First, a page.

ABERDEEN PROVING GROUND, Md. - For Sgt. 1st Class Antoine Williams, cooking has always been his passion. He has been the family cook since he can remember. From a young age he has worked in fast-foods restaurants, country clubs and steak houses. That is why it was no surprise to his peers and family when he recently graduated top-of-the-class from the Advanced Culinary Skills Training Course (ACSTC) at Fort Lee, Virginia.

The ACSTC, a hands-on course designed to improve the overall skills of experienced cooks, focuses on knife skills, menu development, advanced baking techniques, buffet platter production and presentation, course meals, advanced dessert preparation and nutrition, as well as other areas of advanced culinary techniques.

Normally, individuals who enroll in ACSTC are Food Service Specialist (92G) military occupational specialty certified, but Williams, being a communications specialist for the 20th Chemical, Biological, Radiological, Nuclear, Explosives (CBRNE) Command, had to start from scratch at 15 years of his military career by enrolling in the advanced individual training (AIT) for 92G prior to ACSTC.

Initially, Williams wanted to join the Army as a cook, but his uncle, who was in the Army at the time, talked him out of it.

After acing ACSTC, he applied for the Enlisted Aide Training Course (EATC), which trains selected service personnel to become enlisted aides for generals or flag officers, and passed it with flying colors as well. This course provides techniques and skills required for daily household management, uniform maintenance, basic bartending, accounting, and all other necessary requirements to be an enlisted aide.

"I heard about it (EATC) when I was in my last duty station," said the Florence, South Carolina native. "I shunned it off at the time because my last duty station was kind of high-speed, and we were in the field every other month."

Enlisted aides are entrusted with the daily duty of maintenance and supervision of facilities in and around flag officer's official quarters to include the preparation, presentation and service of food and beverages at all official functions and formal dinners.

Although he loves cooking, he did not love the idea of being an enlisted aide earlier in his career.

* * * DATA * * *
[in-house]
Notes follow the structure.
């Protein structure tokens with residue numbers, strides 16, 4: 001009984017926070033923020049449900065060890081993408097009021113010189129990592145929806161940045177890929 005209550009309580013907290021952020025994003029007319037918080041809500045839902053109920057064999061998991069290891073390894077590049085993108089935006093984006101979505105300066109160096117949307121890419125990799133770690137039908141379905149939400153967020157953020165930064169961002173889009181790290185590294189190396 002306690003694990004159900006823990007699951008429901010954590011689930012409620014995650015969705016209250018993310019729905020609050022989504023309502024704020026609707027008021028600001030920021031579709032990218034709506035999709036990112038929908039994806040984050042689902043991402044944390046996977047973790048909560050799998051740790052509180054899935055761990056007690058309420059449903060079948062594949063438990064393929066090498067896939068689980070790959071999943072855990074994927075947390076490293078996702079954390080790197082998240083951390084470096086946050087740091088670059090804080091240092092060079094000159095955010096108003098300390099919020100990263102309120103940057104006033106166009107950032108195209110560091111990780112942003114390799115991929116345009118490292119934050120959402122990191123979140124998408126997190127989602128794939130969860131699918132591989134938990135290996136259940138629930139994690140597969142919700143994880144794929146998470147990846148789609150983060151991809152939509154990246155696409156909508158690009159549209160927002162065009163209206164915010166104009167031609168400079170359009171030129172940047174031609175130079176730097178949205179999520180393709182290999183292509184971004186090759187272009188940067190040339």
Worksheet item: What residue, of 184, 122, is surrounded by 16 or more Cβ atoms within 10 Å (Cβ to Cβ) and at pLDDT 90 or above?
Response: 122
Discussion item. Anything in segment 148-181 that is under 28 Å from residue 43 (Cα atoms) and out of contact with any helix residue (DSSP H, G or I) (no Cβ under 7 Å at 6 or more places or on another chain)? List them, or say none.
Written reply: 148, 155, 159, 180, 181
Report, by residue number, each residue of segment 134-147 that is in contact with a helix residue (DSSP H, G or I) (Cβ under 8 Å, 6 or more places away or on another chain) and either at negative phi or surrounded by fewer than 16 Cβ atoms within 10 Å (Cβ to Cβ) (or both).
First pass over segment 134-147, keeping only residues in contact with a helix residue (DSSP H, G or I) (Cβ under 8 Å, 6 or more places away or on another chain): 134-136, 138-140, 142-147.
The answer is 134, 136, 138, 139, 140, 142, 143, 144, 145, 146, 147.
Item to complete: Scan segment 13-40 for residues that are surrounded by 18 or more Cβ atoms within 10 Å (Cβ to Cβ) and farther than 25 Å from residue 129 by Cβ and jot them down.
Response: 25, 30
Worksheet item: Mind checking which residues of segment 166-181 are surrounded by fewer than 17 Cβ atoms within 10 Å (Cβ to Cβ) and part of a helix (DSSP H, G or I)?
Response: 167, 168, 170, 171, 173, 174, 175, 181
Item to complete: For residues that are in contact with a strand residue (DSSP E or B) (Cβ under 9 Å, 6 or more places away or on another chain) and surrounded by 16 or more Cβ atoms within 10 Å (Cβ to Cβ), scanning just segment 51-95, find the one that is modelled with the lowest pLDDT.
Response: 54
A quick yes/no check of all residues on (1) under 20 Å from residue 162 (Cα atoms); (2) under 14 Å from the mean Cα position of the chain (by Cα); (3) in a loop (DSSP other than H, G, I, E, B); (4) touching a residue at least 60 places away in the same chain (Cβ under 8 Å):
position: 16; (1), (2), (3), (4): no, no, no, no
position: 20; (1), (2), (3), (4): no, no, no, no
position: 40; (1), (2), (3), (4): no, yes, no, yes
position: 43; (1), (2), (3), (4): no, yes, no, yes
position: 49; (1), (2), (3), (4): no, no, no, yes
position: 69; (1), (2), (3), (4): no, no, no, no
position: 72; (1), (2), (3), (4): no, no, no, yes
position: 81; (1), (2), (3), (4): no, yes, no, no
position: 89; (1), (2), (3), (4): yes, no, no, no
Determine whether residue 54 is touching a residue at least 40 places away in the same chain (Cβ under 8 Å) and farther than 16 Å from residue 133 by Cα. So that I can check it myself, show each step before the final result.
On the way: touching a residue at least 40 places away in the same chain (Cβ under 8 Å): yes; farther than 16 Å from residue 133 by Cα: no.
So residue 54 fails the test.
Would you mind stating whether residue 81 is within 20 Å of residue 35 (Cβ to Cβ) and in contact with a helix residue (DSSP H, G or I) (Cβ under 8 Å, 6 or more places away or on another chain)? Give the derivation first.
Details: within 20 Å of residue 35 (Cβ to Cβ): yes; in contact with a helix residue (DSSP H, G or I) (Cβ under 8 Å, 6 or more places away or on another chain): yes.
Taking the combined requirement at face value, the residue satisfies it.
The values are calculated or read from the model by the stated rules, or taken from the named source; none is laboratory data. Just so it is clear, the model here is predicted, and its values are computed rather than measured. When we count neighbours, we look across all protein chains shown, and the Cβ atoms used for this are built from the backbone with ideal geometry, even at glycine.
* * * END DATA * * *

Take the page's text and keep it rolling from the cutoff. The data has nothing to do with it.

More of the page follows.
"I looked at it in a negative aspect when I first saw it," He said. "But maturing mentally, spiritually and professionally... I look at it in a different aspect now. This is a great chance for me to grow a little bit more."

Both the ACSTC and the EATC are jointly trained courses, which means instructions are provided by different branches of the military. The training currently has instructors from the Army, Marines, Navy, Air Force, and Coast Guard.

"We had all branches represented in my class," said the ACSTC honor grad. "I learned about their cook's duties, what they were responsible for, and how they operated."

According to the school, training with the different services combines the skills and knowledge of each service, incorporates new trends in food service, and converts to restaurant style service instead of traditional military dining facility service. It also reflects the way the military executes their missions across the world.

The final test event for ACSTC is a six, seven or nine course meal prepared for 24 VIP's and guests. The entire class is responsible for designing, preparing and serving the meal.

For his class, it was a seven course meal.

"Each of my ten classmates were responsible for a particular dish. I was responsible for the three 'hors d'oeuvres.'"

During the course, trainees may also obtain the American Culinary Federation Certification, which is, according to the federation, the most comprehensive certification program for culinarians with more than 15 certification levels. Unfortunately, Williams' class did not get this opportunity.

"I did not receive an ACF certification during the course," he said. "We were not evaluated for that. I did receive a ServSafe certification for administrators."

ServSafe is a food and beverage safety training certification required by most restaurants as a credential for their management staff.

As previously mentioned, Williams' peers think highly of him. Not only about his cooking skills, but also on a personal level.

"Sgt. 1st Class Williams is a very spiritual individual. It is displayed through his conduct and his interactions with others. He often assists the 20th (CBRNE Command's) Chaplain. I have had the pleasure of eating some of the food he prepared: Smoked, and crockpot barbecue ribs and a strawberry crepe. All three were absolutely delicious, and left me craving for more."
- Chief Warrant Officer 4 Joseph Triplett, information system security manager, 20th CBRNE Command

"My favorite thing from Sgt. 1st Class Williams is his soon-to-be-world-famous homemade hot sauce. I could put that on everything. If I were to put his skills in a relatable context, in the U.S. Army he's sergeant first class, but a four-star general in the kitchen hands down."
- Spc. Tedrick Jackson, information technology specialist, 20th CBRNE Command

"He sets expectations up front and is very open about his overall view on things and what he expects from everyone as a team. I remember some BBQ ribs and corn bread that could have been from a Michelin Star restaurant. All of it was excellent and prepared and presented expertly. He gets all the small things right which add up to a tidy and presentable big picture which is evident in what he puts in front of you: a plate of delicious food that you want more of."
- Spc. Carlos Colon, information technology specialist, 20th CBRNE Command